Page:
© 2021 Rabbi Avi Shafran

Yetzias Kaufering

Pesach Sheni is a special day in my family, because in 1945, on that day of the Jewish calendar, my father-in-law, who passed away earlier this year, was liberated from Dachau by American soldiers.

You can read about his last days in the concentration camp, and about his family’s marking of that day each year, here.

(Photo is of my father-in-law and one of his orphan charges in France.)

Parshas Bamidbar – Desert and Direction

The sefer of Bamidbar (or, to be pedantic, B’midar) begins with the word Vayidaber; and the Talmud Yerushalmi, I’ve seen it cited, even calls the sefer by that latter word.

Both words, as it happens, share the same three-letter Hebrew root, d-v-r, even though one means “desert” and the other “speak.”

What common element of meaning could associate a desert with speech?

The answer may lie in yet another word with the exact same three-letter root, a word that means something else, seemingly, altogether. In Tehillim, we find the phrase yadber amim tachteinu (47:4), which can be translated “He will guide the nations under us.” Although Rashi and the Targum on Tehillim take a different approach to the word yadber, the Gemara (Shabbos 63a) understands the word to mean “guiding,” and the context of the pasuk supports that understanding. The Radak and Ibn Ezra also translate it that way.

Speaking (especially the sort of speech with which the word dibbur is associated: clear, strong words) guides the one spoken to in a particular direction, to hearing the meaning or directive of the speaker. So it isn’t terribly farfetched to imagine that yadber and vayidaber are subtly related.

Midbar, though, seems a puzzle.

What occurs is that a midbar is a desolate, featureless place, usually dangerous, for lack of food and water, and the presence of snakes and such.  But the challenges and dangers may not be what inheres in the word midbar; certainly, the desert through which the Jews were wandering lacked those threats; the well of Miriam, the maan and the cloud of protection made it a safe place.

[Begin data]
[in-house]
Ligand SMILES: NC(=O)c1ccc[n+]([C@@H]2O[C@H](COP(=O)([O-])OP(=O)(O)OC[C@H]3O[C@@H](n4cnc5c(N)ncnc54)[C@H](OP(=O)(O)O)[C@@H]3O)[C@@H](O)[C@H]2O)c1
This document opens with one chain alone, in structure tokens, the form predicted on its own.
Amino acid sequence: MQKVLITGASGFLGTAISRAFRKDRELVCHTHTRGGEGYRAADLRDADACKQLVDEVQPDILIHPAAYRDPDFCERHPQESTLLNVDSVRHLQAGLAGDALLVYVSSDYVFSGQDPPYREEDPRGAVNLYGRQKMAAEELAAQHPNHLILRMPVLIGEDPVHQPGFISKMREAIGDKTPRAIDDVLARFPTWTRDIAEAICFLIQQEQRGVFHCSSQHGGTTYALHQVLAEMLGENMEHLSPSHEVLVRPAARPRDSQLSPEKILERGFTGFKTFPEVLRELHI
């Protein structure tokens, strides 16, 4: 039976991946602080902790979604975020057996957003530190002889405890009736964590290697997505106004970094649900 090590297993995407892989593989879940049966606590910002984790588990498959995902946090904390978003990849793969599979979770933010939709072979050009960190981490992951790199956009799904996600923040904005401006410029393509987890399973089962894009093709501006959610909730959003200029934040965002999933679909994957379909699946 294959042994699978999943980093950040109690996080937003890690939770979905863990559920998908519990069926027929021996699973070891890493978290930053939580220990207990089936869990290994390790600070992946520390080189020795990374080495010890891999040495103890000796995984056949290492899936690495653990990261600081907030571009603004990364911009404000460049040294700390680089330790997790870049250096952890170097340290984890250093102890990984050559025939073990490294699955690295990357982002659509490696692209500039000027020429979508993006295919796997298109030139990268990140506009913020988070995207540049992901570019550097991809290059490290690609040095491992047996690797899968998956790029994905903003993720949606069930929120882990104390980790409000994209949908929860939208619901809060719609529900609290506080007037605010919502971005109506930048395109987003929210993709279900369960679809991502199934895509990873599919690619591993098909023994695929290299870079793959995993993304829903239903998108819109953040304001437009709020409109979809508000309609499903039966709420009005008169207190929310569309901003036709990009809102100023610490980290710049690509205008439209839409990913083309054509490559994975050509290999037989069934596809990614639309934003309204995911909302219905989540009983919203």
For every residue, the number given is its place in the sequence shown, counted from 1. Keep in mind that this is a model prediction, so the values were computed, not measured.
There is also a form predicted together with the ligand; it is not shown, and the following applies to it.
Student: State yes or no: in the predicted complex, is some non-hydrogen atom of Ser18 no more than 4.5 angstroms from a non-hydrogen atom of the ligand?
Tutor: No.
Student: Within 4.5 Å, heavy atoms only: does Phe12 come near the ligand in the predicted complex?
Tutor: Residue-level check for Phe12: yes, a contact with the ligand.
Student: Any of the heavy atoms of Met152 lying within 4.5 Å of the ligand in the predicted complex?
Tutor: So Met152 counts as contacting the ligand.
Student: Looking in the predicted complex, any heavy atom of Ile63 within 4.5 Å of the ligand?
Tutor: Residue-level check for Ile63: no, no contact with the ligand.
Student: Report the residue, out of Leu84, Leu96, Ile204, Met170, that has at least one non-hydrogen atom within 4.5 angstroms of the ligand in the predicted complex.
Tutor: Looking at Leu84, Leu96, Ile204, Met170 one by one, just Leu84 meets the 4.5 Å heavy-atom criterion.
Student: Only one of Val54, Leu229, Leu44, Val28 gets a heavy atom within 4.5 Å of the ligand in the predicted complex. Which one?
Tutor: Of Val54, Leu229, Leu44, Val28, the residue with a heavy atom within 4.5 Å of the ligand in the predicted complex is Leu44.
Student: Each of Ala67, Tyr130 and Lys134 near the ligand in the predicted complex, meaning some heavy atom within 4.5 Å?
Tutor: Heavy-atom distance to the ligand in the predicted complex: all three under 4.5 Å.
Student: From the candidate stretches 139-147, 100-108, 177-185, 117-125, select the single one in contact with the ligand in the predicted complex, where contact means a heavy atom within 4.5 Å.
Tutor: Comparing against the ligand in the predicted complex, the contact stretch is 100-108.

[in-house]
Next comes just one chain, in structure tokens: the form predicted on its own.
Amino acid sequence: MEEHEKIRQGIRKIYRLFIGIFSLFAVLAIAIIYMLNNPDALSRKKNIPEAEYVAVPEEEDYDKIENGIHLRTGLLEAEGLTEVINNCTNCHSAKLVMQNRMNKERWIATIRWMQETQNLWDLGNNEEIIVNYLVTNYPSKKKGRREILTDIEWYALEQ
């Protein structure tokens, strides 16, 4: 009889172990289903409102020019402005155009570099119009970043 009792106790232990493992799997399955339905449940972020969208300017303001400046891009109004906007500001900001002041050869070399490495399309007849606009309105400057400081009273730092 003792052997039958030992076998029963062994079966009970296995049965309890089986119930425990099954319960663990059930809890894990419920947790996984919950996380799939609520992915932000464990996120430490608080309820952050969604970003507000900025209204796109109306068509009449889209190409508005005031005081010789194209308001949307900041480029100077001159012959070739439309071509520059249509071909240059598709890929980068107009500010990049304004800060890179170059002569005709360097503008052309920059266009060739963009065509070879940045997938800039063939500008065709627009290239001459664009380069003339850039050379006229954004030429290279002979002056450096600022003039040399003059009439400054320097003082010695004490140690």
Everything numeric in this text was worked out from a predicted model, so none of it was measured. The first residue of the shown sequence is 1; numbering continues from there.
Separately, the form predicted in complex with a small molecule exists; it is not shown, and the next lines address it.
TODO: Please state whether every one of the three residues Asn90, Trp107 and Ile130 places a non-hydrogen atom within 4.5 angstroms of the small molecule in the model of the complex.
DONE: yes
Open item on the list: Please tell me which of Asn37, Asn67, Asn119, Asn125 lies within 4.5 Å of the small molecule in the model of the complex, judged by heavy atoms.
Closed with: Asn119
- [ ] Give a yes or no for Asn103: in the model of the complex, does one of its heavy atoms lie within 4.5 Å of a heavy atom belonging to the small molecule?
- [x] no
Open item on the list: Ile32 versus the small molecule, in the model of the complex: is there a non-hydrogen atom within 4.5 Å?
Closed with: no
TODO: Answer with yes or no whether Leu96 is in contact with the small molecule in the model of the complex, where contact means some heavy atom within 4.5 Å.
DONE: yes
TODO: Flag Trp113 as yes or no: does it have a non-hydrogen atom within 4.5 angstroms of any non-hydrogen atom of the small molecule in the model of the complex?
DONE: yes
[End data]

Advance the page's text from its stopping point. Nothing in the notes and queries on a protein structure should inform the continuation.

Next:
But it remained one without distractions, and was the path, if a convoluted one, leading the people, guiding them, to their goal, Eretz Yisrael.

Might the word midbar’s essential meaning reflect not desolation nor danger, but the idea of an open path leading to a goal beyond it, toward  which one is being guided?

And, even in our own lives, might obscuring the distractions around and within us help us perceive where we are supposed to go?

© 2021 Rabbi Avi Shafran

Two Paths to the Happy End of History

Between the lines of the terrible description in parshas Bechukosai of what will happen if Klal Yisrael abandons the mitzvos of Hashem lie subtle hints to the limits and end of those curses.  The land will not yield produce (making it inhospitable to occupiers); there will be years of barrenness (but as an atonement for the unobserved shemitos); we will be scattered throughout the world (making it impossible for our enemies to isolate and destroy us – Rabbeinu Bachya).